From the family of Farmhouse Ales, the Saison style originated Belgium where farm workers would brew beer in winter to be drunk in summer, hence the name “Saison” which is French for “season”. Not only did it provide beer for summer but it also meant spent grain for the livestock and full time workers still had stuff to do on the farm during winter.
A bunch of farmers brewing beer, now that’s my kind of farm!
So you’ve got farmers, not brewers, making the beer so they’re not out to sell it to the public. As far as my knowledge of the topic goes, this seems to be the reason why there’s not much history on what these beers would have tasted like or even made with. After all, if there’s not enough hops on your farm, you’re going to have to find something else to flavour the beer with. Hello spices! As for grain, well it could have been a matter of whatever was lying around whether that be barley, spelt or wheat or, very likely, a combination.
For a brewer it seems the Saison is whatever you want it to be, whatever herbs or spices you wish to play with, and put your mark on the style. Of course there is a generality that Saisons are usually a little boozy, dry, hopped, fruity and golden but again, it’s wide open to interpretation you don’t want to open a beer with any expectations.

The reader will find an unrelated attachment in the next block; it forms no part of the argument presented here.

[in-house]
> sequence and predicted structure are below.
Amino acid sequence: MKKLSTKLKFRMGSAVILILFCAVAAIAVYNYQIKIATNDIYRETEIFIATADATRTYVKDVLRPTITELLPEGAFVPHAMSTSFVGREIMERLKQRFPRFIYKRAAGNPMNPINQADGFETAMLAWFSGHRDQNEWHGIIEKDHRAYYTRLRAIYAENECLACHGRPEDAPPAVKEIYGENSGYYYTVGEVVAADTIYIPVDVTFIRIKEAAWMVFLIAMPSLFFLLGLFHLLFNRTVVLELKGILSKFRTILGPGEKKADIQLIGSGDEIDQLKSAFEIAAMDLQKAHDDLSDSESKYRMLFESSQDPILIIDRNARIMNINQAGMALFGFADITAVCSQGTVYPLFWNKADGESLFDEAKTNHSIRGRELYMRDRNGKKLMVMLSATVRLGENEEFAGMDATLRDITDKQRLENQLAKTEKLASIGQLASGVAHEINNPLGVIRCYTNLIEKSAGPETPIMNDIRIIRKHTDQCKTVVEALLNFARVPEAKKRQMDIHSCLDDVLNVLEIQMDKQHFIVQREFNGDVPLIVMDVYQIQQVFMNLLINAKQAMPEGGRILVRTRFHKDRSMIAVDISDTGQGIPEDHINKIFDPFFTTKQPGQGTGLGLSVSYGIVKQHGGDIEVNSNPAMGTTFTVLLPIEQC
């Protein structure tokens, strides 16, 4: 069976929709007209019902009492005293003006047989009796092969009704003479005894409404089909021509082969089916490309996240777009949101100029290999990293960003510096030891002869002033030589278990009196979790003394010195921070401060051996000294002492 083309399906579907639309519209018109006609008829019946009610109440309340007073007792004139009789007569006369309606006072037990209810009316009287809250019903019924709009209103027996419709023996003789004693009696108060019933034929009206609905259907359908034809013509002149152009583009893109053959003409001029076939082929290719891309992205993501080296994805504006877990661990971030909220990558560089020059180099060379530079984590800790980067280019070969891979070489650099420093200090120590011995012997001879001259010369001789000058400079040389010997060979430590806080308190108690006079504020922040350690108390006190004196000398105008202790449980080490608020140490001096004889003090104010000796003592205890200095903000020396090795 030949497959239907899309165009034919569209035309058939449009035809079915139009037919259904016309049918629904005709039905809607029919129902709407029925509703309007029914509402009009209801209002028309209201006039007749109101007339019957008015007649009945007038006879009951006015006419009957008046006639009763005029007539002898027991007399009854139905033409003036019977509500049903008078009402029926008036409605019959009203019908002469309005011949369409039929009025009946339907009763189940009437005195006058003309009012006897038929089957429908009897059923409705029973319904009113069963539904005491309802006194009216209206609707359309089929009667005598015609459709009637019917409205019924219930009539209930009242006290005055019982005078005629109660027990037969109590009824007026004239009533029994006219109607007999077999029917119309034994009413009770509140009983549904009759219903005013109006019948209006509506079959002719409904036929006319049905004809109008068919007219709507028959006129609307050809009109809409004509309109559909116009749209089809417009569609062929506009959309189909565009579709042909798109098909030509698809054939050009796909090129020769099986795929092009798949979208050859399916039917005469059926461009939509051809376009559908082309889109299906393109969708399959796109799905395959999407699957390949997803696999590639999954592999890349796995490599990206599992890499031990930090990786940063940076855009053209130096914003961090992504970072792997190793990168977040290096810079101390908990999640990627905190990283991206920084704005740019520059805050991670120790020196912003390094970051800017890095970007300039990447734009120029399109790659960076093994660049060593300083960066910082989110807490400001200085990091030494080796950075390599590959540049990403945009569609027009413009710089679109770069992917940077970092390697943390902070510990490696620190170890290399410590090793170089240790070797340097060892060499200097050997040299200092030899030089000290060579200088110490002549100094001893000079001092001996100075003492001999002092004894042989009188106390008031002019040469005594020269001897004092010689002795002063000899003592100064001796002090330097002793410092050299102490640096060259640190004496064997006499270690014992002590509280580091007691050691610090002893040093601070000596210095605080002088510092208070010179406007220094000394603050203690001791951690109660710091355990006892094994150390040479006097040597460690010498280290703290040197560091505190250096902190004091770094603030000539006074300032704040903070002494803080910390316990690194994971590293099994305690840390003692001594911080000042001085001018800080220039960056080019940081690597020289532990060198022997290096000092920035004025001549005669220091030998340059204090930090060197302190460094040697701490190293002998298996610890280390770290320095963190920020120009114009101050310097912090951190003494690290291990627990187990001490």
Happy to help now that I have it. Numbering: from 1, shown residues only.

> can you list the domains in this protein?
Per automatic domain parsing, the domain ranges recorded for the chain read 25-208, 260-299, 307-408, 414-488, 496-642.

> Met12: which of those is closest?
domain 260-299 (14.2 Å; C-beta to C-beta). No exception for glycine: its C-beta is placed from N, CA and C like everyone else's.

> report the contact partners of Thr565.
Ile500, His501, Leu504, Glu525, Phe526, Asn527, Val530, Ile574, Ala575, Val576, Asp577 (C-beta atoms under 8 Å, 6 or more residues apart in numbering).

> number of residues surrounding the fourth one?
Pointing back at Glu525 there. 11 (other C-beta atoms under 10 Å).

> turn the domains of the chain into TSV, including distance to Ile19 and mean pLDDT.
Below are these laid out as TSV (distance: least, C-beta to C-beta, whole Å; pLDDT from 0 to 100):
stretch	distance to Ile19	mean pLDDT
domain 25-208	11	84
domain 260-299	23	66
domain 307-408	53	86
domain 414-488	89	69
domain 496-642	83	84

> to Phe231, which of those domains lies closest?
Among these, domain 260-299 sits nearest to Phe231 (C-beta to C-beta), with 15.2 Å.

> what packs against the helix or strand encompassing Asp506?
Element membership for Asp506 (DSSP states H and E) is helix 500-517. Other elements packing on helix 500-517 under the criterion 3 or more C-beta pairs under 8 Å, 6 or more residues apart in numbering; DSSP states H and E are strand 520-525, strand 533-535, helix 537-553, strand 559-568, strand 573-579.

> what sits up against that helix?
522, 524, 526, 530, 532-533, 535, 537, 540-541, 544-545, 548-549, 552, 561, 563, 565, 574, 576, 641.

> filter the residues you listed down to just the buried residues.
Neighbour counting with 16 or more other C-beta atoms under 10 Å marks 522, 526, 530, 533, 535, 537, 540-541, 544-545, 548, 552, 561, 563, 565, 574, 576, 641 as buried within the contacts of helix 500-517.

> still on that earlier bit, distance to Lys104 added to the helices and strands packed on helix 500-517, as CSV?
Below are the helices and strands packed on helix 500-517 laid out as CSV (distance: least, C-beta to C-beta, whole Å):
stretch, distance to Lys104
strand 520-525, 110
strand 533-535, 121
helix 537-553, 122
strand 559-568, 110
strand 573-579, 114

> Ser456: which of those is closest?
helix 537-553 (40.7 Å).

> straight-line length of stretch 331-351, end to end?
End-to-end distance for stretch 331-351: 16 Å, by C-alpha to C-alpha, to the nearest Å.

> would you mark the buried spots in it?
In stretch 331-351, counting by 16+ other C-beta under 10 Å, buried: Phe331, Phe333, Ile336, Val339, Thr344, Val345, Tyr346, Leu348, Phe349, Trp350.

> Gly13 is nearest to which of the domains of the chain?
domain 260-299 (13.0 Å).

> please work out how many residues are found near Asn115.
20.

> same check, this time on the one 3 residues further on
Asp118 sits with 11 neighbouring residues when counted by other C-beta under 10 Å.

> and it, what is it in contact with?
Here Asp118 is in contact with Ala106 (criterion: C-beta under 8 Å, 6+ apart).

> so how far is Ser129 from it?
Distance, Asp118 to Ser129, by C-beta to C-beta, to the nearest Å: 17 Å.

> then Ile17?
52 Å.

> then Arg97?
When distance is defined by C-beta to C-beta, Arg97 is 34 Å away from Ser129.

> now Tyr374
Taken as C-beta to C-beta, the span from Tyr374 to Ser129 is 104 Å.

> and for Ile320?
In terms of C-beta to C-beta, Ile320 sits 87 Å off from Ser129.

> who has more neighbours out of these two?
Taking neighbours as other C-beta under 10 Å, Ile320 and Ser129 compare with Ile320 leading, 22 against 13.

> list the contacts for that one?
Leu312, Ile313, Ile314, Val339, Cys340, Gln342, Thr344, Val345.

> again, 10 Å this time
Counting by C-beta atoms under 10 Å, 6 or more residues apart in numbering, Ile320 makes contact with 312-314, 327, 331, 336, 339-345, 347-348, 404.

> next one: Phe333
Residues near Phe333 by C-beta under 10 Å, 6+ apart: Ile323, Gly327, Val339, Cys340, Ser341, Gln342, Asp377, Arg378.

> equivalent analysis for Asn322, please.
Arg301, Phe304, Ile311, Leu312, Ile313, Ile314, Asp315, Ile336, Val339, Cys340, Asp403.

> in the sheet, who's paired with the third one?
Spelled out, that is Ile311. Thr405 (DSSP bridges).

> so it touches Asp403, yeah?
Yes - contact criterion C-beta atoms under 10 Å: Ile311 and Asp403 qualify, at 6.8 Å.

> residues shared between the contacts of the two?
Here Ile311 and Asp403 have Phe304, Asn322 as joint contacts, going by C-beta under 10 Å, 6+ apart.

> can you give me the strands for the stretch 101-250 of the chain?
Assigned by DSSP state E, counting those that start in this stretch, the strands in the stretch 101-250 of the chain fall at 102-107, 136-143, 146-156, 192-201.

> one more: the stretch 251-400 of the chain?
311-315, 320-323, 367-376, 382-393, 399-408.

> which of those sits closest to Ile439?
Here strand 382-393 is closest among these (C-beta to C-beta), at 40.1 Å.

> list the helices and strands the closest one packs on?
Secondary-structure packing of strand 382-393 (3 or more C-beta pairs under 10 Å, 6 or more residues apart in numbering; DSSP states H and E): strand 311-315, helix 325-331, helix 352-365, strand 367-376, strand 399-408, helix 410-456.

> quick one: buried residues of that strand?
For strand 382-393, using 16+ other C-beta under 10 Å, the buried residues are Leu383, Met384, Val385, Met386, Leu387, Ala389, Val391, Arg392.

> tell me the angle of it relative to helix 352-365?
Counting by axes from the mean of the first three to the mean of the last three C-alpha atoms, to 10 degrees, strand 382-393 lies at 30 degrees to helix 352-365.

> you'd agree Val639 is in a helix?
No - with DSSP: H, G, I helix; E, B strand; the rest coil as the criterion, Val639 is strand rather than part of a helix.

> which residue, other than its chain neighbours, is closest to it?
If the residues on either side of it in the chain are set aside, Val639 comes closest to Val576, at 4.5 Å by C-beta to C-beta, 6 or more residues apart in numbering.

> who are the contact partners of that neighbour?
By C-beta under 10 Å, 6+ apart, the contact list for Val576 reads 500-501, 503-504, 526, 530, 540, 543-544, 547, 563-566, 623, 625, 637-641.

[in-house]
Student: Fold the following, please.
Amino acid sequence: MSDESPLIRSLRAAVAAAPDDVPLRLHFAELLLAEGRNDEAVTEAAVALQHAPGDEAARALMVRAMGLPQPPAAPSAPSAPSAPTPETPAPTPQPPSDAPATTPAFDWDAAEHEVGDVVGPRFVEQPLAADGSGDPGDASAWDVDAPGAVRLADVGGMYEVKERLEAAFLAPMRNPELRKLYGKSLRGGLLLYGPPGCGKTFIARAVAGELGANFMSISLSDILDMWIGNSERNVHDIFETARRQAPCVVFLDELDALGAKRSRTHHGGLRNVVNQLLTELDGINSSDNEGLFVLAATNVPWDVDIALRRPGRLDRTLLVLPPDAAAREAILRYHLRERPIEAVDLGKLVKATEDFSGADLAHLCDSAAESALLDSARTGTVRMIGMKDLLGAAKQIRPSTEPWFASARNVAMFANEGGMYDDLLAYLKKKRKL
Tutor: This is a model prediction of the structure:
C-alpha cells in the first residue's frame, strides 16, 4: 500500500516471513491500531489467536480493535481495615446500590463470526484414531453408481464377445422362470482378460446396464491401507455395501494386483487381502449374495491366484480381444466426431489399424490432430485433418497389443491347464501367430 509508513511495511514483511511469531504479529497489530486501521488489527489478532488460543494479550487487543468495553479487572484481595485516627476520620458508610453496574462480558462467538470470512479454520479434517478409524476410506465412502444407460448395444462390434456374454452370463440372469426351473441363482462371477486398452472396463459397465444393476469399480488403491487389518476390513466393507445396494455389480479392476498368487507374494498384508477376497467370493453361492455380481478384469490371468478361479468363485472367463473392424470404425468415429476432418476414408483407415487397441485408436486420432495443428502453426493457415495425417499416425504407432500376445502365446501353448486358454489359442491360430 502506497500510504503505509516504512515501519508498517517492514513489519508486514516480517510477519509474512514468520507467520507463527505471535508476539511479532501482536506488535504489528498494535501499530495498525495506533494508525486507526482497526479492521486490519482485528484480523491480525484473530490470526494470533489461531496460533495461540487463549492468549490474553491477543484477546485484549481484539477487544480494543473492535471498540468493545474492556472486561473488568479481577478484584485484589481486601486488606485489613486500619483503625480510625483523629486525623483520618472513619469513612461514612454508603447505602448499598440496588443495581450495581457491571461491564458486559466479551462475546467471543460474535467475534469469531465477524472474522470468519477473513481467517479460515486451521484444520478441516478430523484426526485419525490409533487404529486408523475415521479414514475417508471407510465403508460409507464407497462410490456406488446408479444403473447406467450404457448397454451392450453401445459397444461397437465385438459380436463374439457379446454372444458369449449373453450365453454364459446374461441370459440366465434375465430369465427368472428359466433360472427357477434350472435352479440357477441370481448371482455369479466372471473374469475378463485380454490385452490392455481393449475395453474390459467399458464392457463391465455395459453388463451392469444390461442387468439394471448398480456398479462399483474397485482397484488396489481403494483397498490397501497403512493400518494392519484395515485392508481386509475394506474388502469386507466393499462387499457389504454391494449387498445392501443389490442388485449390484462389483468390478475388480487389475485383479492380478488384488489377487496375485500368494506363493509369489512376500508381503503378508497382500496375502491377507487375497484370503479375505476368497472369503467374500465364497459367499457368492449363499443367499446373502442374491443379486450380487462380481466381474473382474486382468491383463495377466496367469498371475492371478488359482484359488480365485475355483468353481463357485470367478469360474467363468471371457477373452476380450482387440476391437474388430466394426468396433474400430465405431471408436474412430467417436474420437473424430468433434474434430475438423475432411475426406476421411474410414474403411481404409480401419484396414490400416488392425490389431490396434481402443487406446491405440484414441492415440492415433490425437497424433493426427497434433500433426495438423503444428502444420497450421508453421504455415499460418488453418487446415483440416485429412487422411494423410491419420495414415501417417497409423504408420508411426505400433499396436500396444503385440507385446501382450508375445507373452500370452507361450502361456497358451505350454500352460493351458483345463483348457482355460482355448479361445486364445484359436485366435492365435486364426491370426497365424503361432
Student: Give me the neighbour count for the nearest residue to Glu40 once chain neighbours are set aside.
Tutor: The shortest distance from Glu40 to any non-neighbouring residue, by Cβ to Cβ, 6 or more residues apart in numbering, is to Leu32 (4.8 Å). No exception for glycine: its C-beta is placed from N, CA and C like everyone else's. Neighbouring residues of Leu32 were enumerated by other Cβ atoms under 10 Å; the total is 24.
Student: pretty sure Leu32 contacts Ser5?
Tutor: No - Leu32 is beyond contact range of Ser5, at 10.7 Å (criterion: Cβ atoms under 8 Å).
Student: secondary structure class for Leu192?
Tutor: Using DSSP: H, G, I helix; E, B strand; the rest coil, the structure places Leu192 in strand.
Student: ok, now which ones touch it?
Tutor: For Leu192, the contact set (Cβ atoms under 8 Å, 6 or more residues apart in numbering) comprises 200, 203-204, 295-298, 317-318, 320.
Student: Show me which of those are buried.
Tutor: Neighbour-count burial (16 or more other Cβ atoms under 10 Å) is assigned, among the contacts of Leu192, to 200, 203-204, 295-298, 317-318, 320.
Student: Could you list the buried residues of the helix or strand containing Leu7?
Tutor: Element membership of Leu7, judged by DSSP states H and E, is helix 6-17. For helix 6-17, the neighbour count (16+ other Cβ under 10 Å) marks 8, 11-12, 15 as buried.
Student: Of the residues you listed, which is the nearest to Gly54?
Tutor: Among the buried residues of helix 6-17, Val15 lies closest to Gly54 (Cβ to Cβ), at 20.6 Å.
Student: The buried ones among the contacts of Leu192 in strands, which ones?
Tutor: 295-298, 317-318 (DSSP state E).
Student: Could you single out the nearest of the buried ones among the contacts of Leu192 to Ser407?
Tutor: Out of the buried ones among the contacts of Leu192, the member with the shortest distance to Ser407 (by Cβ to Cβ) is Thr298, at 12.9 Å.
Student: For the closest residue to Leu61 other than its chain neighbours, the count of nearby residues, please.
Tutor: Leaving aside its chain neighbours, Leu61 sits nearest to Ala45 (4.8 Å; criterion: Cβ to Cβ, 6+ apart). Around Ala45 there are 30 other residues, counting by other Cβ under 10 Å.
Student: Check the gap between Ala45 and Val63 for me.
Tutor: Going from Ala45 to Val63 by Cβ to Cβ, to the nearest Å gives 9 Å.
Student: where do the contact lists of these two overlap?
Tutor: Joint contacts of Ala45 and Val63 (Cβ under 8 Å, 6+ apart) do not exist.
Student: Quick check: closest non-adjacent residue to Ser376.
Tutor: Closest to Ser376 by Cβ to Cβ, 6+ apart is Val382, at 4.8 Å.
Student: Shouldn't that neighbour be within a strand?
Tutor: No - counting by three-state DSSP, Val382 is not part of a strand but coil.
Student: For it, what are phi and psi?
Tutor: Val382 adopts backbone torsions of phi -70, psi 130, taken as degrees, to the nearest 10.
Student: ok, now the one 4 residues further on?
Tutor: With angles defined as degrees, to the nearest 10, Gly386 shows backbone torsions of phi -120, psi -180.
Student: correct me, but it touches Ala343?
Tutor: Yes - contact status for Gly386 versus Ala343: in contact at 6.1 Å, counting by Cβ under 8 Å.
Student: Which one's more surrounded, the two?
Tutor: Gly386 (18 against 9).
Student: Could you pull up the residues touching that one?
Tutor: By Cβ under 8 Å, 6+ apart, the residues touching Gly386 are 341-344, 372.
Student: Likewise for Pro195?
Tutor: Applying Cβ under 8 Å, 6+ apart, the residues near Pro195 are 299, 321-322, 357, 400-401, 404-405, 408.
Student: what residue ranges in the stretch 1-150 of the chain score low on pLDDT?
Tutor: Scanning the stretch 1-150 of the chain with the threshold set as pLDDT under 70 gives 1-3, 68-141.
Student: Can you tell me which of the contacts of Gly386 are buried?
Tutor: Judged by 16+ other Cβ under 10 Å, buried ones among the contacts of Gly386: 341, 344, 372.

Which brings me to Victoria’s Temple Brewing Saison De Miel.Temple Brewing is one of those breweries who stop me in my tracks at the bottleshop and create child-like excitement in me if I spot something new. Finding the Saison De Miel generated such excitement – a special edition of their Saison made with honey, hence “de miel”, and therefore had some very big boots to live up to.
Temple Saison De Miel pours a beautiful golden straw colour with a thick bubbly head that just screams “Consume Me!” I got aromas of mandarin, peach and honey and flavours covered off burnt orange, honey and a hint of nuttiness and a nice clean bitter finish.
Of course I’m not the only one who loves their stuff, this brew gets a mention from James Smith of Crafty Pint fame in his article for James Halliday, a Year in Beer – along with 49 other great Australian Brews, check it out here.
I decided to match it with some grilled barramundi, BBQ potatoes and zingy chilli salsa. The pairing was nice but could have been improved with some sweetness in the dish to really enhance the citrus/honey flavours in the beer, perhaps some honeyed green veggie or mango based salsa.